British Wreck Commissioner's Inquiry

Day 3


Examined by the ATTORNEY-GENERAL.

The Attorney-General:
This is one more passenger who desires to make a statement and I had then hoped that Mr. Thomas, a Member of Parliament, would be here, and then my Lord, I should close the case for the Board of Trade. Of course if any specific passenger desires to be heard-

The Commissioner:
Of course, if anyone desires to say anything they can do so.

1790. The Attorney-General: (To the Witness.) You were a passenger on board the "Lusitania"?
- I was.

1791. I think you started from Liverpool to New York, and you came back again on the return voyage on the 1st May?
- Yes.

1792. Do you desire to make any statement about the crew?
- I have made a statement.

1793. I only want to give you the opportunity if you have anything to say about the crew?
- I see. I want to repeat that to me there appeared to be not a question of discipline but no competent men about.

1794. Does that apply to the whole time?
- No, only applying to the lowering of the boats and the advice to the passengers as regards lifebelts.

1795. Let me take you a little into detail about that. When the ship was torpedoed did you notice an effort to lower one of the boats opposite to the main entrance?
- I was in my cabin, and when I got up they were lowering-I could not tell you the number-the boats opposite the leading room on the port side. I remained on the port side the whole time. I think-I am sure it was opposite the reading room, and I saw that boat run away because the man at the bows could not hold the falls. At the stern the rope fouled and left the boat bows in the water, and at an angle of about 45 degrees.

1796. Was there an officer in her?
- There was a young officer in the water when I looked over. I did not see the start of lowering the boat, but when I looked over to see what had happened, there was a young officer trying to climb into the bows. The stern post had been wrenched away from the sides, so that when the boat did get into the water she could not possibly keep afloat.

1797. At that time we know there was a very heavy list on?
- I know there was a bit of a list. When I got on to the deck there was a greater list than later on. The ship appeared to me to gradually right herself, because when I got to the second boat we were able to shove the boat out and had got her clear when we got orders to clear the boats, all women to come out.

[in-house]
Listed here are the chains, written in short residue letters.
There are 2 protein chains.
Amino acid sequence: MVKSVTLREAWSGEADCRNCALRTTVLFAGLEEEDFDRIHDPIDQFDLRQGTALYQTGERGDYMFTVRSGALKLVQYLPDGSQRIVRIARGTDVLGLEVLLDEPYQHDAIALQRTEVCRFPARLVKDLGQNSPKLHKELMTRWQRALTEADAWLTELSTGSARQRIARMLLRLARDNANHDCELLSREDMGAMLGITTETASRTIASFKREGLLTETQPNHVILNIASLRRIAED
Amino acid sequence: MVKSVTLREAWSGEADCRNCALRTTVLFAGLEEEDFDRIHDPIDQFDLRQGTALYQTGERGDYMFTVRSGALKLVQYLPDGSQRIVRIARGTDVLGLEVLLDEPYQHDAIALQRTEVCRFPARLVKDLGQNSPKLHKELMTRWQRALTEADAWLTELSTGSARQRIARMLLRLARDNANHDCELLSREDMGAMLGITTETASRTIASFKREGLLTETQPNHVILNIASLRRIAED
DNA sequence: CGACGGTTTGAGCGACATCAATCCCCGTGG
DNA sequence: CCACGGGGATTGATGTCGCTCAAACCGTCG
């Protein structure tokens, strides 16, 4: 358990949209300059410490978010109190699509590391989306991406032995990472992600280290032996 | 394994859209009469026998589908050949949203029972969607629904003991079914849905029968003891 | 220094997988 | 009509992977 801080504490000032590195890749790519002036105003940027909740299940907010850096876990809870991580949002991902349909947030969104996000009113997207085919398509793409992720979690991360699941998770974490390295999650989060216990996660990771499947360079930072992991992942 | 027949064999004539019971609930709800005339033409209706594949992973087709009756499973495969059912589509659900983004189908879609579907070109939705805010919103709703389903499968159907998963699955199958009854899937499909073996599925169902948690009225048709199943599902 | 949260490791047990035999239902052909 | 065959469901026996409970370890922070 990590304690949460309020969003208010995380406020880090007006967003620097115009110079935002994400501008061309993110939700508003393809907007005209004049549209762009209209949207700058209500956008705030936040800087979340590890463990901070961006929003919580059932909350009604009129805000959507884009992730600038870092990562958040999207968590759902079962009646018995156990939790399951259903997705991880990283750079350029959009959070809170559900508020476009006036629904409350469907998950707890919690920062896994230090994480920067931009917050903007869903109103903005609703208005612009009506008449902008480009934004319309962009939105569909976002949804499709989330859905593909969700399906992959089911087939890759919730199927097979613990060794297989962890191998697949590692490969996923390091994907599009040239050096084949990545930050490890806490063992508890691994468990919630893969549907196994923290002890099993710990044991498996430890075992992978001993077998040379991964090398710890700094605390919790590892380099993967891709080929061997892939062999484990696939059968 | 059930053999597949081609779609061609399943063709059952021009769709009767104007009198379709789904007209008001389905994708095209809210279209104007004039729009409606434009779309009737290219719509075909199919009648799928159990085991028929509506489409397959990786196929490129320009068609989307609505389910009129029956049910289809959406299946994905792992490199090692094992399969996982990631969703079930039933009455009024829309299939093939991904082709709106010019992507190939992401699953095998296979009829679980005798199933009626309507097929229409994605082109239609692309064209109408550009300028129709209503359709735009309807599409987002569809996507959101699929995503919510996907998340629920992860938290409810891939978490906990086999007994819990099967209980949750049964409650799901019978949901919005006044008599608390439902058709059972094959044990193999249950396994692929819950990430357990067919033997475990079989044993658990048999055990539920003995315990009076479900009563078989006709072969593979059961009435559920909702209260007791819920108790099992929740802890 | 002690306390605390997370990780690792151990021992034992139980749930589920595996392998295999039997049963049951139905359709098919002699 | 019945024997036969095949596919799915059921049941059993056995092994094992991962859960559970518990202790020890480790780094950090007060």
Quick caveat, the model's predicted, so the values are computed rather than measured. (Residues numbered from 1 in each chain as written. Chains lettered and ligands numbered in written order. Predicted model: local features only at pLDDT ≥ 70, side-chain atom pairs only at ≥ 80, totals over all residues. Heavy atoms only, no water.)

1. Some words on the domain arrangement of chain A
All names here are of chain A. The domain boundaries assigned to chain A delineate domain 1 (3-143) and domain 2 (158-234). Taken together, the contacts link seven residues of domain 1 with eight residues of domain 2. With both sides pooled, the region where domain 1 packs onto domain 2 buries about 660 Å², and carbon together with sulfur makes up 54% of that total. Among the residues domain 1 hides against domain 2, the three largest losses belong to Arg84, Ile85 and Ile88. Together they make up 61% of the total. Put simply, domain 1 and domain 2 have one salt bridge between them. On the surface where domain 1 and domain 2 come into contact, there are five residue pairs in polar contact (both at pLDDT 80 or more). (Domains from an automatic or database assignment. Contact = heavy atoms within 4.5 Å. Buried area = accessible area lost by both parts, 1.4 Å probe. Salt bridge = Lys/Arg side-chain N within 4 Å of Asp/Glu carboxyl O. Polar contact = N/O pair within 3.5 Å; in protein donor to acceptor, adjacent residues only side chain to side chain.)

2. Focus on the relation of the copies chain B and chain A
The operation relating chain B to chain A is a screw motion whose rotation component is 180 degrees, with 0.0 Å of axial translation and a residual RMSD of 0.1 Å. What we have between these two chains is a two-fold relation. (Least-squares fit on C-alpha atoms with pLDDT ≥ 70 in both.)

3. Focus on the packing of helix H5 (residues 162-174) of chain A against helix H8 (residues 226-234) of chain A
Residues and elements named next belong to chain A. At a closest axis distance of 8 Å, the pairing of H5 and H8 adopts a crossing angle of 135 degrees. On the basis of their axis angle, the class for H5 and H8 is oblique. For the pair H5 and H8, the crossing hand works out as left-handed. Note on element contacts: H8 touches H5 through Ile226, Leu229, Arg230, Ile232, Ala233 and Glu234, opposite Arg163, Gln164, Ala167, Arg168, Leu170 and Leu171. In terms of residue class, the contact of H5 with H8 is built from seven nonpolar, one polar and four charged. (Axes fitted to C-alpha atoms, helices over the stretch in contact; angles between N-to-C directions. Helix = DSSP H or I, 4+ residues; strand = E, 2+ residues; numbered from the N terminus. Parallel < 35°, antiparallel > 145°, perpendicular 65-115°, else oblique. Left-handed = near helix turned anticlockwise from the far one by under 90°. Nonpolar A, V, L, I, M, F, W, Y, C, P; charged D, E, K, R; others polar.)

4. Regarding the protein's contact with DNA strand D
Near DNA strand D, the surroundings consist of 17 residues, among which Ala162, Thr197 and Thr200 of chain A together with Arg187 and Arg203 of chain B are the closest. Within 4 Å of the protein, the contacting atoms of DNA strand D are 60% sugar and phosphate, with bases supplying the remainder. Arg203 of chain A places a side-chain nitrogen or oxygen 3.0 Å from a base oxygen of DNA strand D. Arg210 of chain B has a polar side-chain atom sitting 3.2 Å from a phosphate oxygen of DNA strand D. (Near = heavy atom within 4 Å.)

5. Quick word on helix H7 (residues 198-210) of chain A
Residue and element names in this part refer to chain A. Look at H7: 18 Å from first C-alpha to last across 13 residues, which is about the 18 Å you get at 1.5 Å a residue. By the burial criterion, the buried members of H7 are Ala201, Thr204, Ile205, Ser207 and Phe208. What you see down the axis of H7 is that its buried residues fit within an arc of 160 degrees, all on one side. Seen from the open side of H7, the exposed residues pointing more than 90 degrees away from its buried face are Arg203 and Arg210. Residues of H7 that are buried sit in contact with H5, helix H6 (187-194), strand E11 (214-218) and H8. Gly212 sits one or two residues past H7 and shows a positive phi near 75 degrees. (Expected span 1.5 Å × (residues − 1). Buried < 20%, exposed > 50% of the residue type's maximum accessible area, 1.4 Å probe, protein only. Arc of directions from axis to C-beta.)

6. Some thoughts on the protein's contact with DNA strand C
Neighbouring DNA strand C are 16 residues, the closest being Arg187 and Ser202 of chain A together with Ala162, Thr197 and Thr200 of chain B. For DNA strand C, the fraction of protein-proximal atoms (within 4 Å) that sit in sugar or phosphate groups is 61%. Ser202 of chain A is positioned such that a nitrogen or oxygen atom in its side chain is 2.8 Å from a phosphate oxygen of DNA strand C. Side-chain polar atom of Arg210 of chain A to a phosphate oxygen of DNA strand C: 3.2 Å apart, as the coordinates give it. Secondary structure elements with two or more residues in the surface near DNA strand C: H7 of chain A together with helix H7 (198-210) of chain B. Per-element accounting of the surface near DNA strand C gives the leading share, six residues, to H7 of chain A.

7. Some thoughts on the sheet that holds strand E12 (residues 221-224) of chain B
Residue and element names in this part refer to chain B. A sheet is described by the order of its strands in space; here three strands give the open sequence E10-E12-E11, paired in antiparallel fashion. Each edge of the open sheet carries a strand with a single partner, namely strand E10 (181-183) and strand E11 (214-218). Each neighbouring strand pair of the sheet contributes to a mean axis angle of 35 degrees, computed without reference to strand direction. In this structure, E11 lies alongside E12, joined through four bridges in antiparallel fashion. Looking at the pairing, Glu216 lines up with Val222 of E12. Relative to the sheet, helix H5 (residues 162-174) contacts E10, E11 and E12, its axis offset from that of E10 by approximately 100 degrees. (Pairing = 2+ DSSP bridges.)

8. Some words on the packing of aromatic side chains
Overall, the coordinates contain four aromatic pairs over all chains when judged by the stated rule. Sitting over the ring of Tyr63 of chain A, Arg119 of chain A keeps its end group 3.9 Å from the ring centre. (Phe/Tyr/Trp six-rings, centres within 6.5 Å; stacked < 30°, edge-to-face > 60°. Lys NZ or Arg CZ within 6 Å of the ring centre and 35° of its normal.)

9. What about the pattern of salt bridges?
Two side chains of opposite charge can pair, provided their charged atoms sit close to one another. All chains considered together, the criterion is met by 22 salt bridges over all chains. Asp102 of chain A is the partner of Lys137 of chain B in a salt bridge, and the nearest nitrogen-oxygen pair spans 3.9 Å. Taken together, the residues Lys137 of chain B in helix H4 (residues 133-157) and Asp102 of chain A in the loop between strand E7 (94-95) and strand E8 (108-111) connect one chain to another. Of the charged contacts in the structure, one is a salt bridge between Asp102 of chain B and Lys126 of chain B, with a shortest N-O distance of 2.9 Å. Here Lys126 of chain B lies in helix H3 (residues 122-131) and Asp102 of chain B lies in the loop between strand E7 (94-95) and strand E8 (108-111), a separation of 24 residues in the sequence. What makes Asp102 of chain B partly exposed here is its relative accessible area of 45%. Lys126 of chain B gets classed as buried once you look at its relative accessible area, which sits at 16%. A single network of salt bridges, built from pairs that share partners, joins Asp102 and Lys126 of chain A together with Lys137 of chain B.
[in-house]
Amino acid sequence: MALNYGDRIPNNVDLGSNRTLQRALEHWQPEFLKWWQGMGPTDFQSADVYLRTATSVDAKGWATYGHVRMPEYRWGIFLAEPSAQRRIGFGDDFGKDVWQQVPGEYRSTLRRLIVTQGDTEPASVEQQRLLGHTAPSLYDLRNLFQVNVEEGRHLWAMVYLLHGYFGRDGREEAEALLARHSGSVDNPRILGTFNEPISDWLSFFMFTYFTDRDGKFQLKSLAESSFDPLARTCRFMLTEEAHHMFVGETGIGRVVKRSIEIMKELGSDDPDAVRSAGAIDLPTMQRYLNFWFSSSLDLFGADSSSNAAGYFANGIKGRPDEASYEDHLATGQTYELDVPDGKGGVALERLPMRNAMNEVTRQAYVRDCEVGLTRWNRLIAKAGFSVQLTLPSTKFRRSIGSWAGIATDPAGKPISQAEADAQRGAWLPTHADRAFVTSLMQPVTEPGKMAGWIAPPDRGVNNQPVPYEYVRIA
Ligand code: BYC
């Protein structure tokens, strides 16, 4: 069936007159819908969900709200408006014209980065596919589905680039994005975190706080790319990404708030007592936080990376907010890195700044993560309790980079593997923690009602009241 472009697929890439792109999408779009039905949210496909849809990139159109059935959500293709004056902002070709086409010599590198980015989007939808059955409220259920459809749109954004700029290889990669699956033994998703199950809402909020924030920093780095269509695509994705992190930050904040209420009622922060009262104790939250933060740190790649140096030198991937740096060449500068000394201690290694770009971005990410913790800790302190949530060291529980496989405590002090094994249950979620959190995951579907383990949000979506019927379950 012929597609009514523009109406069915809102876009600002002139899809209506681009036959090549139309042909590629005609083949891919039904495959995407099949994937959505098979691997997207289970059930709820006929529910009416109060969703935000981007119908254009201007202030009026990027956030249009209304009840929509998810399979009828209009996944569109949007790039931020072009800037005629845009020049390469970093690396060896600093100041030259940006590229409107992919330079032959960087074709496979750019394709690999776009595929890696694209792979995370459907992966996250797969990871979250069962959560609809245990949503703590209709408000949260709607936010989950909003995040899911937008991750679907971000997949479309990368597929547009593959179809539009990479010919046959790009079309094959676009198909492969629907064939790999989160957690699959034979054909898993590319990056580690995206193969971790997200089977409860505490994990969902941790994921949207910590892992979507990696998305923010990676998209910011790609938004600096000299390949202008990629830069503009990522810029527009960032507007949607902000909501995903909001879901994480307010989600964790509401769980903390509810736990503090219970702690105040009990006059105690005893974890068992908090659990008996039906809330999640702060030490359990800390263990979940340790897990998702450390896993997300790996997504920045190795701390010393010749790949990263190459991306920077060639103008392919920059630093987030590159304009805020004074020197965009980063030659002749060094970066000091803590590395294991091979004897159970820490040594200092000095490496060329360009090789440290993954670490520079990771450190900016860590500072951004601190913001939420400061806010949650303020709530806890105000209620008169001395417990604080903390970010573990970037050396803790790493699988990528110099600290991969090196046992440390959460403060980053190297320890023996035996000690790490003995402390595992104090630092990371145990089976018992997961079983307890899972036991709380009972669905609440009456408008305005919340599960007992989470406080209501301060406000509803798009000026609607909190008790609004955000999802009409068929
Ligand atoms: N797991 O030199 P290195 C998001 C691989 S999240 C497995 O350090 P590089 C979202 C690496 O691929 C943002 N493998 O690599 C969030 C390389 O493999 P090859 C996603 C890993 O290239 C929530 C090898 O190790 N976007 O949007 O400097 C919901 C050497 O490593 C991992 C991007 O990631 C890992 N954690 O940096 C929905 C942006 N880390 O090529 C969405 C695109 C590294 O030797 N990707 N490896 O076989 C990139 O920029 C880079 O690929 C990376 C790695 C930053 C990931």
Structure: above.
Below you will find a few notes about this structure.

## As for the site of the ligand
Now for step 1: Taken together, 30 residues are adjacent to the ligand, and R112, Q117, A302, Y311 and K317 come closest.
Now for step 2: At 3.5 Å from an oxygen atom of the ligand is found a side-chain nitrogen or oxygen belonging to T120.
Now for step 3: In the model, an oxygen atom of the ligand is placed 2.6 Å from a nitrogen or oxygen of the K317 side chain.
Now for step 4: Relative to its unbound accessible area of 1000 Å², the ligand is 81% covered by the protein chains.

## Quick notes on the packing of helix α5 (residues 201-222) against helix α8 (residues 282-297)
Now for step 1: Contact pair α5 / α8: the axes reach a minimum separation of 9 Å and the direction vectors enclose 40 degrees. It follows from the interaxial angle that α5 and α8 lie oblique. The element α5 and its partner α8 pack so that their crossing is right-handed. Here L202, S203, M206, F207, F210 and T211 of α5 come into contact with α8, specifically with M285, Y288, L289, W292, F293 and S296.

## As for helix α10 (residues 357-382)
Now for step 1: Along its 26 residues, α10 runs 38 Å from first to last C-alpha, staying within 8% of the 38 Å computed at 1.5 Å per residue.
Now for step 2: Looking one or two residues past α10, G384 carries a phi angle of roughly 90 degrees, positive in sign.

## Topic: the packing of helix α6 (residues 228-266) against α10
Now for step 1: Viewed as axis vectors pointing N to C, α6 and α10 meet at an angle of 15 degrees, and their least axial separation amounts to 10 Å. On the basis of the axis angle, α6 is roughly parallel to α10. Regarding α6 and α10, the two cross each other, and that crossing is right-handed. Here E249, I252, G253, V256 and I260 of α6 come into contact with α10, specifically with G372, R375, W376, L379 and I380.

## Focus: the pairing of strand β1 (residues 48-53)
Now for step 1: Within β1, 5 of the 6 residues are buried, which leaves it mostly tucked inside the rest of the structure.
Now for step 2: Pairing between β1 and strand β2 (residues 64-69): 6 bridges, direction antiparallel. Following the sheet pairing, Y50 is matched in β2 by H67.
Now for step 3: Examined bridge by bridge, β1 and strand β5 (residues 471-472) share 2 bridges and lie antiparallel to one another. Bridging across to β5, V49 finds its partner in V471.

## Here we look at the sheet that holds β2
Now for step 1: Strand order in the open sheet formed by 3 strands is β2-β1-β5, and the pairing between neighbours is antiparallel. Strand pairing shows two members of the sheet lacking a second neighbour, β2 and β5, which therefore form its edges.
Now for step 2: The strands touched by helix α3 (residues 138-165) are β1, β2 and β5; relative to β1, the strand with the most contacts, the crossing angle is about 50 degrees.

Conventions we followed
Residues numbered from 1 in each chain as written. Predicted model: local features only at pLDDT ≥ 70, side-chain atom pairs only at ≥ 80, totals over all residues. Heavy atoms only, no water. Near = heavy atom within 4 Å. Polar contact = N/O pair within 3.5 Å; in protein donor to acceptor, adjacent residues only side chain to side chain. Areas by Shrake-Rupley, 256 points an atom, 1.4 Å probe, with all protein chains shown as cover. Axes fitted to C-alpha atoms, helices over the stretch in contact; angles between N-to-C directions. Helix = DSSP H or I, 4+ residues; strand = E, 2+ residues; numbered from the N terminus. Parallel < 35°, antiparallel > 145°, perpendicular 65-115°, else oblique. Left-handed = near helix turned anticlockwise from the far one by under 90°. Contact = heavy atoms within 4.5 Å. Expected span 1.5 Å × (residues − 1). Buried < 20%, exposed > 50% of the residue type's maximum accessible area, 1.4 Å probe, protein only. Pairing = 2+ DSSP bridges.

1798. That was the boat opposite the reading room, was it?
- No, that boat had gone. I came next to the boat opposite the main entrance and we had filled that boat.

1799. Was that on the starboard or the port side?
- On the port side. We had filled her with women and children and we were trying to shove her out, the list having brought the boat in. We stood on the collapsible boat and tried to shove her out, and while we were attempting to do it the list was so great that the number of men there at the time could not do it. We called for more men; we had not much purchase as we were standing on top of the collapsible boat, but finally we got steady and with one shove got her clear and lowered her a foot or so, when the order came "Stop lowering the boat. Clear the boat," and we got everyone out.

1800. Where did that order come from?
- I believe from the staff captain from the bridge.

1801. That was Captain Anderson?
- Yes.

1802. Did you know it was he who gave that order?
- I will swear that it was he.

1803. Then did you help a number of ladies out of the boat?
- I helped some ladies out of the boat.

1804. This was all on the port side?
- This was all on the port side. Then I told them to go for their lifebelts.

1805. Did you see any other boats lowered or attempted to be lowered?
- Yes, I came then to very nearly the smoke room and they were at work launching a boat there; but as there seemed to be plenty of men, I started on the collapsible boat and did not attempt to help with the third boat.

1806. What happened to that?
- I heard it run away and collapse and smash up like a matchbox. May I say with regard to the second boat, while that was being lowered I came to the conclusion that there were not enough men in the boat to help shove her off the side as she ran down. I made it five men, but I will not swear to it.

1807. I think you loosed the grips of one of the collapsible boats?